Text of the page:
Food Photography Tip of the Week |20|
The evolution of a photo.
Today I wanted to share the evolution of how some of my photos come to be. While many of my photos are more on the simple side you’d be surprised at the small adjustments that go into each and every photo.
This photo set is from my recent post for Peach Raspberry Sorbet. One of the shots took about 15 minutes of tinkering before I felt it looked right. Styling a photo in this way is actually something I struggle with. I want everything to look natural and not overdone but that can be a hard look to achieve sometimes.
I had a goal of displaying the raspberries and peaches a bit more ornately for this one photo. While it may have been enough to show a cut peach, a bowl of raspberries, and nothing else I wanted to challenge myself to make it a bit more styled.
Below I’ll go through my thought process for this photo. Just this one single shot took 55 test shots to get right. Granted, a lot of those are duplicates to make sure I get a perfectly sharp photo.
Why is it hard to get a sharp overhead shot? ----> Sometimes the focus sensors don’t focus on your subject just right [not matter what angle you’re shooting at] and/or sometimes I shake the camera which is easy to do on an overhead shot. Also, I have to keep in mind the lines on the board since I handhold my overhead shots. Rotate adjustment edits can only do so much for you when lines are involved before things start to look skewed. If you’re able to use a tripod for overhead shots you’ll take many less photos since you can manually focus each shot and be certain the camera won’t shake.
Okay. Here we go!
// I tried to decide if I wanted the strainer of raspberries in the shot so that was placed first.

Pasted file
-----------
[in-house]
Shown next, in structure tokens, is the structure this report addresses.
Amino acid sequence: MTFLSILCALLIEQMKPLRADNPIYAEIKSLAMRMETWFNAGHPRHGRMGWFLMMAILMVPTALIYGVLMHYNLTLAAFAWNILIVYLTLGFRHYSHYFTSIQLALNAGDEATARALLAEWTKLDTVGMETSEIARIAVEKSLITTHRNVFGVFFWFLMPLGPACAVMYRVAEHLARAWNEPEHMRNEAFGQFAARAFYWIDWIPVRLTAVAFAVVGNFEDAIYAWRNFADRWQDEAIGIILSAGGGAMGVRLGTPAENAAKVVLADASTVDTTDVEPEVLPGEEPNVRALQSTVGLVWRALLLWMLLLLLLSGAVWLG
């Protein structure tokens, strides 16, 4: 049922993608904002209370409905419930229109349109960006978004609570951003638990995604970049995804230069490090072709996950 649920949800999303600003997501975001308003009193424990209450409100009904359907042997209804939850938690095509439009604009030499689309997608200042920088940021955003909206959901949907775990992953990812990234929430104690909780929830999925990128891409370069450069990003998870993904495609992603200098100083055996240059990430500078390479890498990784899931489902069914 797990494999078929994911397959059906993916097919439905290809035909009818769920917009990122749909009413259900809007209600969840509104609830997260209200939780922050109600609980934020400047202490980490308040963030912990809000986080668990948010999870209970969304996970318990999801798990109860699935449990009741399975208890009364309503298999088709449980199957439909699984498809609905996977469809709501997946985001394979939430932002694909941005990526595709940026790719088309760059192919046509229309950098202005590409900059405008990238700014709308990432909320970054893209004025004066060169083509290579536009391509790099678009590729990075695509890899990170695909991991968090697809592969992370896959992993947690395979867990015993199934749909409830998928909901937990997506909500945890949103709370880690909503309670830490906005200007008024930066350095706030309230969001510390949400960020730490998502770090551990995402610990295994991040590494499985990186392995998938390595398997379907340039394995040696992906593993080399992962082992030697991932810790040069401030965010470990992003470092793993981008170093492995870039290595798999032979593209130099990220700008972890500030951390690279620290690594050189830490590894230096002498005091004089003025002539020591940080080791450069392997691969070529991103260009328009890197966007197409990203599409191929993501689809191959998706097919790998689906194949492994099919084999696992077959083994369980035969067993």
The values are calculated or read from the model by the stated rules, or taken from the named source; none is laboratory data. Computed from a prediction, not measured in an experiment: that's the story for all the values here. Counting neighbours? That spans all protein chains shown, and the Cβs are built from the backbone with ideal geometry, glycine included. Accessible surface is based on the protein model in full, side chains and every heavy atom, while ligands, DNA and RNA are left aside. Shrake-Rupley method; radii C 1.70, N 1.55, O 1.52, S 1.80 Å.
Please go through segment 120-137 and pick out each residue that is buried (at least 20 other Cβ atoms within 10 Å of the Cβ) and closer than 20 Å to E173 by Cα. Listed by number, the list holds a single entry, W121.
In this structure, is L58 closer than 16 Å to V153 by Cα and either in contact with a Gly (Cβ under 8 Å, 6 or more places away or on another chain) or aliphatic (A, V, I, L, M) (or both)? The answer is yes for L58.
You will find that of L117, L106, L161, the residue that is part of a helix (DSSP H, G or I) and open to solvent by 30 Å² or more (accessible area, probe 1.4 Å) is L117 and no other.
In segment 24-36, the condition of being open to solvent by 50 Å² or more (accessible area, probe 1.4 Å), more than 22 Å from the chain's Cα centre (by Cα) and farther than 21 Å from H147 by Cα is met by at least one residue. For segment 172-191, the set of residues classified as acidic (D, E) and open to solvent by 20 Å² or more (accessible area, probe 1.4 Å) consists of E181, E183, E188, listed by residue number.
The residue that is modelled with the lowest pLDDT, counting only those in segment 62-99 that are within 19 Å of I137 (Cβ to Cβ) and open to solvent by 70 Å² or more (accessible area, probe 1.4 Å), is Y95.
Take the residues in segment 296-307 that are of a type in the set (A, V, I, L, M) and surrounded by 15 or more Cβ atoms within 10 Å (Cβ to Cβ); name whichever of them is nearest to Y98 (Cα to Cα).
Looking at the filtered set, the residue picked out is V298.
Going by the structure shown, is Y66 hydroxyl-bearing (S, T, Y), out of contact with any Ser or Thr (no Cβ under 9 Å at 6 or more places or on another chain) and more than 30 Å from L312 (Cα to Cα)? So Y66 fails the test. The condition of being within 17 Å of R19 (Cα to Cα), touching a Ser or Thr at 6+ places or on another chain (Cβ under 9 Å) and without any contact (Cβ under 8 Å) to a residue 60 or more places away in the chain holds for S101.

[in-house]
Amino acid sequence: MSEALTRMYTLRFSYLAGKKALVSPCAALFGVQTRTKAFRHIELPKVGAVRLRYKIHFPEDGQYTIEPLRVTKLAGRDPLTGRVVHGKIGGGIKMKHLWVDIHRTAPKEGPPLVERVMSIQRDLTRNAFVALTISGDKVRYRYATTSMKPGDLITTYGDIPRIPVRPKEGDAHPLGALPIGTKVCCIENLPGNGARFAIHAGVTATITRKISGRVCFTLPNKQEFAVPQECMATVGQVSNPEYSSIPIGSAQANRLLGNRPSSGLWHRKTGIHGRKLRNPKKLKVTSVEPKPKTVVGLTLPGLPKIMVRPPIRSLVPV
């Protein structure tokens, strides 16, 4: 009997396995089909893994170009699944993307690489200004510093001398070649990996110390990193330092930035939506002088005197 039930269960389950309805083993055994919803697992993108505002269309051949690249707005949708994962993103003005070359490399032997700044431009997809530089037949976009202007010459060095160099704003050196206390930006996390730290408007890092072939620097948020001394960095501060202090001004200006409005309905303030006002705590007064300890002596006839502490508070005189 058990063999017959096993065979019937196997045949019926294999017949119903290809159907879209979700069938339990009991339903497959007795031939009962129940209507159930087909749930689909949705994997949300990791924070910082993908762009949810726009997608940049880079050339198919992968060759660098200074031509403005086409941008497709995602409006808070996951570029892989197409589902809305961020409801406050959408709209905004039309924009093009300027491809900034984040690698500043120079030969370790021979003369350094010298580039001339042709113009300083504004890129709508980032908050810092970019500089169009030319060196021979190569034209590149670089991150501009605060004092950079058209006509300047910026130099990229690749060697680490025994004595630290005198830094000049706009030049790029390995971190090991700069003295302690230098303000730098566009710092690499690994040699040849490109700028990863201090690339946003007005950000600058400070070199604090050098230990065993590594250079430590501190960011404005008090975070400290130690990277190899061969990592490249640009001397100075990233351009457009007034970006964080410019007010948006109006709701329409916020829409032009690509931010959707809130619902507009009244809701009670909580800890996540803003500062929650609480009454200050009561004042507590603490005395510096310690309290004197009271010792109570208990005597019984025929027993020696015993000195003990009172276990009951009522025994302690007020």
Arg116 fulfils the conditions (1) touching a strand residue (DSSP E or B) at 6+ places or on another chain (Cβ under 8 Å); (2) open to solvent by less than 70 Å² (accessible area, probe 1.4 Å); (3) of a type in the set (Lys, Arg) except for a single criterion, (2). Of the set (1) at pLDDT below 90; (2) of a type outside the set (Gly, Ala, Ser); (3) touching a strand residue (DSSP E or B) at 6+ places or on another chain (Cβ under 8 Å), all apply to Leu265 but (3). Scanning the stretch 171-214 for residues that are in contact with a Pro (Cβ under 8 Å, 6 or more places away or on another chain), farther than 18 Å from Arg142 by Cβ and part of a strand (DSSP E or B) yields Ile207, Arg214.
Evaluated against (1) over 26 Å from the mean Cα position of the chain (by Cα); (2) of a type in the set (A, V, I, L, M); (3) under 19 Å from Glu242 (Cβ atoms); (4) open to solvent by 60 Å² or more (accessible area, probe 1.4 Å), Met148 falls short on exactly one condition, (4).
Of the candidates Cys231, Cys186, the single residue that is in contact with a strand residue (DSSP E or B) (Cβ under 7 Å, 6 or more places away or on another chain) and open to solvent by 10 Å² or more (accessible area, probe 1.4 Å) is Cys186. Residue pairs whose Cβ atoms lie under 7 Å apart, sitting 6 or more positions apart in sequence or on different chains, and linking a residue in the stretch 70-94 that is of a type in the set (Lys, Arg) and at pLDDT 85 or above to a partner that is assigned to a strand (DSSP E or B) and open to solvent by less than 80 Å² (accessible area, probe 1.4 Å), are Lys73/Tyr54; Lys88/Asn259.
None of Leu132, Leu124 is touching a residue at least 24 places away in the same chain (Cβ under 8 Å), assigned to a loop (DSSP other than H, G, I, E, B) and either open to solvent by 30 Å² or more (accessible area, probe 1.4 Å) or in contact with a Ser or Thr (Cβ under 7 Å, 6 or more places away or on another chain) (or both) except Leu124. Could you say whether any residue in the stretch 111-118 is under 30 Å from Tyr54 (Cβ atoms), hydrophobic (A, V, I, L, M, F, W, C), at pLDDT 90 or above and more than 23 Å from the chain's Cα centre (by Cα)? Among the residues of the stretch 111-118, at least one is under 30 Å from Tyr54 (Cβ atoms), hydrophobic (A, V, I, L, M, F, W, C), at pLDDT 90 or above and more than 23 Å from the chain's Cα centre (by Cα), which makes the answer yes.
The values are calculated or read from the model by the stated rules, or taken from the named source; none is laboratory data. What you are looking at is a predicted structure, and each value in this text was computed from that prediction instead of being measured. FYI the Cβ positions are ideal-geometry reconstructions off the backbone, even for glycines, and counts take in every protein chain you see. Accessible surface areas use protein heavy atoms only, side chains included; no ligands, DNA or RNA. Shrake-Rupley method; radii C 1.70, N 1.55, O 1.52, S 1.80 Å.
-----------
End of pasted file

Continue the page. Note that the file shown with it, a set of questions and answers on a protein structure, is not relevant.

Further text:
Photo tip! Rinse fruit before shooting to give it a little bit of sheen and to see water droplets. This will bring more life to your photo.
// After 1 photo I took the strainer away and tried to naturally spread some of the raspberries on the board. I wanted to leave voided space on the right since I had light coming in that way and the left side would add some shadow.
// I then tried bringing in some of the peaches and just the edge of the strainer. It’s possible I should have stopped here. I do like the flow of this image but at the time I felt like it needed a little more.
// Then I added more fruit and brought the strainer to the top right of the photo to help frame it better. While it looked good through my eyes when I snapped the photo it felt way too heavy and not enough variance with the amount of fruit as it cascaded down.
// In this photo I tried to thin out the bottom a bit and bulk up the top for more of a progression. This caused it to look too clunky and full towards the center.
// Next, I tried a few more adjustments to thin out the center area of the fruit. I added a peach slice at the top left, moved one that was towards the center, and added a few raspberries near the top/center.
// The only adjustment I made below was adding a peach in the top left corner. I felt that corner needed a bit more color which would also help to frame the edge.
And this is where I stopped.
// This is actually the same image as above just after a few extra edits. After editing in Lightroom I took the photo into Photoshop to apply some dodging and burning. This basically allows you to adjust the shadows, midtones, and highlights to any degree and at any size. You can do this more generally in Lightroom but you have much more play in Photoshop. That said, I rarely take photos from LR to PS but once in awhile it does help to make a few additional edits. If you scroll to the photo above you can see there are less intense shadows behind the fruit and in the left corners of the photo. It helped to really highlight the light streaming in from the right of the photo and gives the left side additional grounding.
This style of photography is definitely a work in progress for me. I don’t feel like I have a natural eye for styling large pieces like this but as I practice I definitely notice improvement. It was fun to experiment and I thought it would be helpful to show you the process. It can be easy to think I just snapped this last image on the first try because that’s all you see. However, that is rarely the case!